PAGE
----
By Chris Mennel, CPA & Tyler Hayes Data, data, data! Nonprofits and for-profits alike have more data than ever to track, understand and utilize in carrying out their goals. It’s easy to quickly become overwhelmed.
To help get the process started, consider creating dashboards.
Dashboards are short (normally one page) graphical representations of data that can provide the key measurements to make informed decisions. They can show program results, financial results, or any other data that needs to be communicated to a group, and they can be helpful internally for staff uses as well as higher level use by a board of directors or finance committee.
One way to use a financial dashboard like the one shown above is to include it as the cover page in the financial packet when sending monthly financial statements to your finance committee. Dashboards are relatively quick to update once they are created, and they can accomplish the following:
- Easier to understand for those that are not experienced in reading financial statements. Many members of your board of directors and finance committee may not fully understand how to read financial statements. A dashboard provides them the opportunity to see trends and benchmarks that they would otherwise miss.
- Quicker to understand than the full financial statements.
- Provides a frame of reference for reading the financial statements. Once individuals look at the dashboard, they have a basic understanding of how well the organization is performing. This helps put the financial statements into perspective as they are reviewed in detail.
The benefits of financial dashboards described above can also be achieved through program dashboards. The format of these can vary greatly from one organization to the next, since programs and outcomes vary, but the basic process is the same. Management must first identify what information is relevant to them and will help in running the organization. Next, goals must be set so that management has something to compare with the actual results. After that, the dashboard can be created and updated periodically with the most recent program accomplishments.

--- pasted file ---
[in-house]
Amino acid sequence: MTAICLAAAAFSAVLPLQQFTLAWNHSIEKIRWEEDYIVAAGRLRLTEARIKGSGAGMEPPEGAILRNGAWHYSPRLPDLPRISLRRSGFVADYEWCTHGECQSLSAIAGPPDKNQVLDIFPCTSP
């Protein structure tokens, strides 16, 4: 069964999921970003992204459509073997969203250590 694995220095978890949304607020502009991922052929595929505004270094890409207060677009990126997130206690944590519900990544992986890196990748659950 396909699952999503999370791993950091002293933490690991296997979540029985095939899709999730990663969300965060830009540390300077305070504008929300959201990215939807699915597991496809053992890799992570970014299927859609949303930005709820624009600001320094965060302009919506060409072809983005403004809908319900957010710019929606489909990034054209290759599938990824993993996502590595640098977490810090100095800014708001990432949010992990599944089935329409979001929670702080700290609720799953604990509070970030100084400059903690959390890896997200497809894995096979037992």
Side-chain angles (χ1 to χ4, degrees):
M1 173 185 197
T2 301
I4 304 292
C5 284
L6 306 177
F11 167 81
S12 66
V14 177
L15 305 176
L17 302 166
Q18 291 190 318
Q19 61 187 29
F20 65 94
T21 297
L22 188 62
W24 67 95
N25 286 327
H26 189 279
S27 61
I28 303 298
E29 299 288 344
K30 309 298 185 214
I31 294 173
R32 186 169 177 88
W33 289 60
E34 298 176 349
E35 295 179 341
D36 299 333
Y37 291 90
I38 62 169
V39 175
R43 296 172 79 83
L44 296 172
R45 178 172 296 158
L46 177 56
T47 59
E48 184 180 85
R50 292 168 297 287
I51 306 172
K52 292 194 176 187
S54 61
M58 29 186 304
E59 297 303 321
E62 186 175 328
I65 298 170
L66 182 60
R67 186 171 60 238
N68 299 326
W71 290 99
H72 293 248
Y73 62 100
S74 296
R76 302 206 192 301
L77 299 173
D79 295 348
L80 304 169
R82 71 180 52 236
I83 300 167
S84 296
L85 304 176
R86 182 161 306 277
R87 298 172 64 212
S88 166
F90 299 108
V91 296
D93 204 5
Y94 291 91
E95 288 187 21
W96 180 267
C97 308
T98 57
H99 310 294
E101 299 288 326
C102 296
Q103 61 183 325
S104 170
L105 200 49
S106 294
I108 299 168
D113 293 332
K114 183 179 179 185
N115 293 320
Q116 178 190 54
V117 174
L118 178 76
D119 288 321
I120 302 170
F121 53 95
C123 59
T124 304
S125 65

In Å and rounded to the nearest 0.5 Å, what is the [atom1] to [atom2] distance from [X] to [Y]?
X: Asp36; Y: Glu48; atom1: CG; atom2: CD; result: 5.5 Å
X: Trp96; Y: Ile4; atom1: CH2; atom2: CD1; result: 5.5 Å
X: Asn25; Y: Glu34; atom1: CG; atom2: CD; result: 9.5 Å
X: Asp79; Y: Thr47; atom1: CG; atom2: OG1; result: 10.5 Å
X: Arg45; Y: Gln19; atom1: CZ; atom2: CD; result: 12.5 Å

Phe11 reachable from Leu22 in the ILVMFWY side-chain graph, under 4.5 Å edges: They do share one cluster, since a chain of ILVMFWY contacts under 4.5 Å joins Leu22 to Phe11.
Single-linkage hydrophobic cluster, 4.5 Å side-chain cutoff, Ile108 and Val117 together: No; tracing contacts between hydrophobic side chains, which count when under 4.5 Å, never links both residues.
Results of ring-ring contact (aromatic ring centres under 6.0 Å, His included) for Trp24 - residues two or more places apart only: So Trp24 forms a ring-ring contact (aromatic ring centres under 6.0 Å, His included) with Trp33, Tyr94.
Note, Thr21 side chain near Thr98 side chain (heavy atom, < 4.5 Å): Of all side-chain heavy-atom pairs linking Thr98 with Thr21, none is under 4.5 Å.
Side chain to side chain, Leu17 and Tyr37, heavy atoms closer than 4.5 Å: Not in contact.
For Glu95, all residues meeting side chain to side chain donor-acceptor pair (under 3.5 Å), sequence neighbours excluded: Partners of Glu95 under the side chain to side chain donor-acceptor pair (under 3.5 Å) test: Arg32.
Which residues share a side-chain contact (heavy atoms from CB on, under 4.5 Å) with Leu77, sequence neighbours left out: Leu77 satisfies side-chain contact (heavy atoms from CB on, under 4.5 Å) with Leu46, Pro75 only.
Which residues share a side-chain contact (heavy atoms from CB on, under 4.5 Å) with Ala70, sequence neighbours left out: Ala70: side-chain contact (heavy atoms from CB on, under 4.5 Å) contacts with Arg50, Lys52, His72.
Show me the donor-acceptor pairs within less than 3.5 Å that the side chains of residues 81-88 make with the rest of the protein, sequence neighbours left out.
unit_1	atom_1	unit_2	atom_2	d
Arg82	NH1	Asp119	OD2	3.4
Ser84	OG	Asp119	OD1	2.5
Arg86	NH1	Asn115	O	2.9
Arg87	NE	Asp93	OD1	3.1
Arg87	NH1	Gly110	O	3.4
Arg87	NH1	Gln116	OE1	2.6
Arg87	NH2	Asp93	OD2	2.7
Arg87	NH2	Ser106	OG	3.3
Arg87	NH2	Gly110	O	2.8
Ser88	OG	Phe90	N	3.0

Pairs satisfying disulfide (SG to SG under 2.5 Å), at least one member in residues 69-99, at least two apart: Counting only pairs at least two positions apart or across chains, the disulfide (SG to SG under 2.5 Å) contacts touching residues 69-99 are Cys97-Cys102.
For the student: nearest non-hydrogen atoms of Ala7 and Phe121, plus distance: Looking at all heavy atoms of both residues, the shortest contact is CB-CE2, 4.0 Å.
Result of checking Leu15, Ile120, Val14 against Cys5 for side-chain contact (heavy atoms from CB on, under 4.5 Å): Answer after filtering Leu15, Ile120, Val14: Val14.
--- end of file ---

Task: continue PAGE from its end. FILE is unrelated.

In today’s environment, finding efficiencies and cutting out non-critical tasks is key to running effective programs. If utilized properly, dashboards can be very beneficial in helping focus efforts and leading to well-informed decisions. To find out how a dashboard can benefit your company or organization, contact Alerding CPA Group at 317-569-4181 or www.alerdingcpagroup.com.
This post was written by:
Christopher Mennel, CPA
Senior Audit Manager
Chris oversees audit and accounting services, not-for-profit and consulting services. Chris’ specialties include manufacturing, distribution/wholesale, retail, health and welfare, service and civic organizations. Chris also prepares financial statement projections and other financial analyses.
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